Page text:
Japanese Climbing Hydrangea
Schizophragma hydrangeoides 'Moonlight'

Family: Hydrangeaceae (hy-drain-jee-AY-see-ee) (Info)
Genus: Schizophragma (ski-zo-FRAG-muh) (Info)
Species: hydrangeoides (hy-drain-jee-OY-deez) (Info)
Cultivar: Moonlight

Category:

Vines and Climbers

Height:

20-30 ft. (6-9 m)

Spacing:

10-12 ft. (3-3.6 m)

12-15 ft. (3.6-4.7 m)

15-20 ft. (4.7-6 m)

Hardiness:

USDA Zone 4a: to -34.4 C (-30 F)

USDA Zone 4b: to -31.6 C (-25 F)

USDA Zone 5a: to -28.8 C (-20 F)

USDA Zone 5b: to -26.1 C (-15 F)

USDA Zone 6a: to -23.3 C (-10 F)

USDA Zone 6b: to -20.5 C (-5 F)

USDA Zone 7a: to -17.7 C (0 F)

USDA Zone 7b: to -14.9 C (5 F)

USDA Zone 8a: to -12.2 C (10 F)

USDA Zone 8b: to -9.4 C (15 F)

Sun Exposure:

Full Sun

Sun to Partial Shade

Danger:

Unknown - Tell us

Bloom Color:

White/Near White

Bloom Time:

Late Spring/Early Summer

Mid Summer

Late Summer/Early Fall

Foliage:

Grown for foliage

Other details:

Requires consistently moist soil; do not let dry out between waterings

Soil pH requirements:

Unknown - Tell us

Patent Information:

Unknown - Tell us

Propagation Methods:

Unknown - Tell us

Seed Collecting:

Unknown - Tell us

Regional

This plant has been said to grow in the following regions:

,

Gaylesville, Alabama

San Francisco, California

Plainfield, Illinois

Winnetka, Illinois

Roslindale, Massachusetts

Colts Neck, New Jersey

Rutherford, New Jersey

Bedford, New York

New York City, New York

Chapel Hill, North Carolina

Greensboro, North Carolina

Glouster, Ohio

Christiana, Tennessee

Houston, Texas

Concrete, Washington

Seattle, Washington

show all

Gardeners' Notes:

4
positives
0
neutrals
0
negatives
RatingContent
Positive

On May 6, 2014, coriaceous from ROSLINDALE, MA wrote:

'Moonlight' differs from the species in having a subtle, attractive silvery overlay to the leaves, which emphasizes the pattern of the venation and helps the foliage stand out from the background in a shady spot.

A great wall climber in shade.

Positive

On May 5, 2014, bobbieberecz from Concrete, WA wrote:

I received this plant in a gallon size pot as a gift 2 years ago. I had placed it in all day dappled shade and it was happy right from the start. It immediately started to grow. It wasn't out where I could enjoy it's beautiful white petals so when we built an arbor the following spring, I placed it in the same dappled shade in a different spot. It had already started putting out new growth but abruptly went into a pout with the transplant. It refused to grow all season and was limp and drab looking for most of the summer. But it has revived this spring!! It is positively bushy with new growth and is already 3 inches longer on all of its branches with a multitude of flower buds---too many to count. The leaves are beautiful and fresh. My soil is sandy loam with a rich nutritious mul... read more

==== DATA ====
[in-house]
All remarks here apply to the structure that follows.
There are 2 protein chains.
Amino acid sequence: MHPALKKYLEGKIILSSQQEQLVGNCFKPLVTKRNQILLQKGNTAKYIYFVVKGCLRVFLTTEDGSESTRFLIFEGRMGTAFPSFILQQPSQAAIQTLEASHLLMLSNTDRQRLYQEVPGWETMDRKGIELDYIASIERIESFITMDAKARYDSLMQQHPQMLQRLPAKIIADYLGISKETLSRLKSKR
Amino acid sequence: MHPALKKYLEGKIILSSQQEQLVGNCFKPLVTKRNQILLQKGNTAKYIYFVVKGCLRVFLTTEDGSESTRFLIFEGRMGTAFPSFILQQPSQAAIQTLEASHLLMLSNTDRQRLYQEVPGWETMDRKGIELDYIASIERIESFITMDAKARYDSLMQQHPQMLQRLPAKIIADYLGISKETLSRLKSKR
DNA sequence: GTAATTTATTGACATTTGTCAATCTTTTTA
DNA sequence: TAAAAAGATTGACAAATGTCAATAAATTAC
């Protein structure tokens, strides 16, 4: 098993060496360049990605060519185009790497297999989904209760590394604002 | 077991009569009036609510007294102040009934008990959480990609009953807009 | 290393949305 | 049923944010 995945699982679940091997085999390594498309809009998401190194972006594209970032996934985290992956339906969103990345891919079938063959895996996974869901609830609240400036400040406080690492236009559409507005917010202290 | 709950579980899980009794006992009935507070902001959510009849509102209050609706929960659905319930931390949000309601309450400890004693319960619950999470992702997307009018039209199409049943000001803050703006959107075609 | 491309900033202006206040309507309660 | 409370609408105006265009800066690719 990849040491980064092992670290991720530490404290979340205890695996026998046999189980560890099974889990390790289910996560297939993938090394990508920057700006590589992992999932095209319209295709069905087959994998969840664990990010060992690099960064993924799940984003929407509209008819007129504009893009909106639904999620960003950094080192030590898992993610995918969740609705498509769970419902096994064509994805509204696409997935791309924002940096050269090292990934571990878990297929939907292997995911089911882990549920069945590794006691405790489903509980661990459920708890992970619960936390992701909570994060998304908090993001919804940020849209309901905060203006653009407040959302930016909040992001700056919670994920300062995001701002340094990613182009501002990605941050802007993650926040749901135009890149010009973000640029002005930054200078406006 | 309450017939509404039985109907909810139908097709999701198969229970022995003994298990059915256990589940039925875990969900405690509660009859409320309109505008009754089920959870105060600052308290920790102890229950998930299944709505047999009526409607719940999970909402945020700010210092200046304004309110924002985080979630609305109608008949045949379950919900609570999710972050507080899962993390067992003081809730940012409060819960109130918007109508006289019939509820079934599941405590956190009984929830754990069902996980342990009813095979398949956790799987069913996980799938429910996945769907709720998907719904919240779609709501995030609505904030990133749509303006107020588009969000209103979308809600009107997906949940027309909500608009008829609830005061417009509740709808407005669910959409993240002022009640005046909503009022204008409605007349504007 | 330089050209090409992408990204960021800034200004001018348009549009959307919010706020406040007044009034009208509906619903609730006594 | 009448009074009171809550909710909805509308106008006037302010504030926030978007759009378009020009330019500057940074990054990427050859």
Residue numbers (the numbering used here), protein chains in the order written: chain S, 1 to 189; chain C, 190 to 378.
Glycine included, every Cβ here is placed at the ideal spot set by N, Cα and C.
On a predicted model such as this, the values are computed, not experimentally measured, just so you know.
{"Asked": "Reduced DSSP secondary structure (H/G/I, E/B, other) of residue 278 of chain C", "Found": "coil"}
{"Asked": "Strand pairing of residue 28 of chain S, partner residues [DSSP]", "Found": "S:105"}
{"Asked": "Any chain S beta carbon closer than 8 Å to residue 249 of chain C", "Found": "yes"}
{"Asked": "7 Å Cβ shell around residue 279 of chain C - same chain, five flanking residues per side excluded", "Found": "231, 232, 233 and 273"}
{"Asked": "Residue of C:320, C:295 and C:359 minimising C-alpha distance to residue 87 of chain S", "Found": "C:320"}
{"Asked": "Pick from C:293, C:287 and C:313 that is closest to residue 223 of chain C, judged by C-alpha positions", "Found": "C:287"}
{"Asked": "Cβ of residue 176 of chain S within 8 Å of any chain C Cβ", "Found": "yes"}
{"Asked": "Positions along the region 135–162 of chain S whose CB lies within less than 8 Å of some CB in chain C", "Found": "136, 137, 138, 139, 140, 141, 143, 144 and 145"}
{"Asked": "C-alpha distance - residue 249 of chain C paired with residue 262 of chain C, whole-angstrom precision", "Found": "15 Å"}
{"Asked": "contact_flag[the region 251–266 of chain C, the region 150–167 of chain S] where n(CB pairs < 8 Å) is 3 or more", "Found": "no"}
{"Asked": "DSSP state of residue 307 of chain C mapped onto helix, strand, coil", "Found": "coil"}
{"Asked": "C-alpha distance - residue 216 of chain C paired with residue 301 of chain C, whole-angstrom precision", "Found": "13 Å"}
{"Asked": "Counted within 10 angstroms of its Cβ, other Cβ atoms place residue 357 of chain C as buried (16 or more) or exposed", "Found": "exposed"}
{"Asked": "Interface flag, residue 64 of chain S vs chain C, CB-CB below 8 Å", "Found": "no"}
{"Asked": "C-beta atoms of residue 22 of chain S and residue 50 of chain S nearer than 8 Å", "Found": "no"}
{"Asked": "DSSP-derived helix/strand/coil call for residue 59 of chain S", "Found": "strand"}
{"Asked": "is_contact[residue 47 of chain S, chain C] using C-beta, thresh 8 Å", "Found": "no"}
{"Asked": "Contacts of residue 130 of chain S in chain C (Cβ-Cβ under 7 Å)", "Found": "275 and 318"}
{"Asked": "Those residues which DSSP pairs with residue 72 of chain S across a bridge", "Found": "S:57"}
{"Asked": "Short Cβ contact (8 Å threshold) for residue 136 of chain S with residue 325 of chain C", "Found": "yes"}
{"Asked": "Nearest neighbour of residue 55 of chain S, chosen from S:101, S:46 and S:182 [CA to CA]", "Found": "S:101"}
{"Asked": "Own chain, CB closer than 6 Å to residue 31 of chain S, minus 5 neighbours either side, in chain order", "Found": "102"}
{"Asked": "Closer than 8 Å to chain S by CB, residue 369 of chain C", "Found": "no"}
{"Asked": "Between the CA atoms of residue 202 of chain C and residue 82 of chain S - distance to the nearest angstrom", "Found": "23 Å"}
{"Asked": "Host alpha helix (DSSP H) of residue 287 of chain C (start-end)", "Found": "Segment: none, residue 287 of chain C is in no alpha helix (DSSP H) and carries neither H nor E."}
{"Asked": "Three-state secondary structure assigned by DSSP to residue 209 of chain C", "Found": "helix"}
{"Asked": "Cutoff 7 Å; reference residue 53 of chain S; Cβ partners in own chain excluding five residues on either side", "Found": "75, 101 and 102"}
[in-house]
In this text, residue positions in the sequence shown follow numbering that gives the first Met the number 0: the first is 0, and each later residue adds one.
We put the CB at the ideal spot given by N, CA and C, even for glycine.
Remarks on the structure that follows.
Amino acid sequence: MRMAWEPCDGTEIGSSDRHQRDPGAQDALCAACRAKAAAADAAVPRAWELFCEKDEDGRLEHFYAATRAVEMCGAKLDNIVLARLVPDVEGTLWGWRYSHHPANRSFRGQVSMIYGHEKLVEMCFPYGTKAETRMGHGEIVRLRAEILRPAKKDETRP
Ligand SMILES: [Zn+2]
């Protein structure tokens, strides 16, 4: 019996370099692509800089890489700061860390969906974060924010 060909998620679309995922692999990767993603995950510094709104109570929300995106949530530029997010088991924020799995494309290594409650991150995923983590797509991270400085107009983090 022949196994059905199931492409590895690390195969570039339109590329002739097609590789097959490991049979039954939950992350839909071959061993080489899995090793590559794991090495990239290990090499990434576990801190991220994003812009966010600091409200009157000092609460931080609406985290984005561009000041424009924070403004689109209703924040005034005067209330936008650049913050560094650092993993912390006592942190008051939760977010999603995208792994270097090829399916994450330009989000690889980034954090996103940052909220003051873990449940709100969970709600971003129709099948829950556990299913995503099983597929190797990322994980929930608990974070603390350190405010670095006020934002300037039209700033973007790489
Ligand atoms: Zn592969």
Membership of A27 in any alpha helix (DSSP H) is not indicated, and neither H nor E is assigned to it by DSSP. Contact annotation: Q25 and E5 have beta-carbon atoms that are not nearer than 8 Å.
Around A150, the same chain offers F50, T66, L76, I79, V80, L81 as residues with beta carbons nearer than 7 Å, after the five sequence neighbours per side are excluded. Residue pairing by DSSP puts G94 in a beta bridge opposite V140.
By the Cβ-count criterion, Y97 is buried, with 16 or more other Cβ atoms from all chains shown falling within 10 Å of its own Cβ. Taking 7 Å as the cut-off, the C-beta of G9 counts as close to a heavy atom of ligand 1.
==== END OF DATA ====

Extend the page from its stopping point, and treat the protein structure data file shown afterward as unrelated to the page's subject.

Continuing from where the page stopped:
Positive

On Jul 6, 2012, Fiordiligi from Rutherford
United States wrote:

The plant is doing well in two different spots, getting a mix of sun and shade. I don't have flowers yet--this is its first summer--but I am impressed with the healthy, attractive growth and undemanding nature of this plant. I do water it frequently as it is near my roses and vegetables. It looks like it will do its job of covering neighbors' fences.

Positive

On Jun 14, 2008, plantaholic186 from Winnetka, IL wrote:

This is a beautiful plant, and a great complement to Climbing Hydrangea, but it grows excruciatingly slowly. I had one in my last garden that grew less than 6" in the 7 years I lived there. The plant will take off eventually, but only if it's in the perfect conditions.

Update: My Schizophragma has finally bloomed, after four years of settling in. Only one this year, but worth the wait! It has stayed on the plant for a month so far, only fading slightly to green, but still looks clean and fresh.
I read somewhere that Schizophragma does not grow outward as much as climbing Hydrangea, projecting only about one foot from its support, unlike the Hydrangea's 2 foot reach. So far, mine is following that description.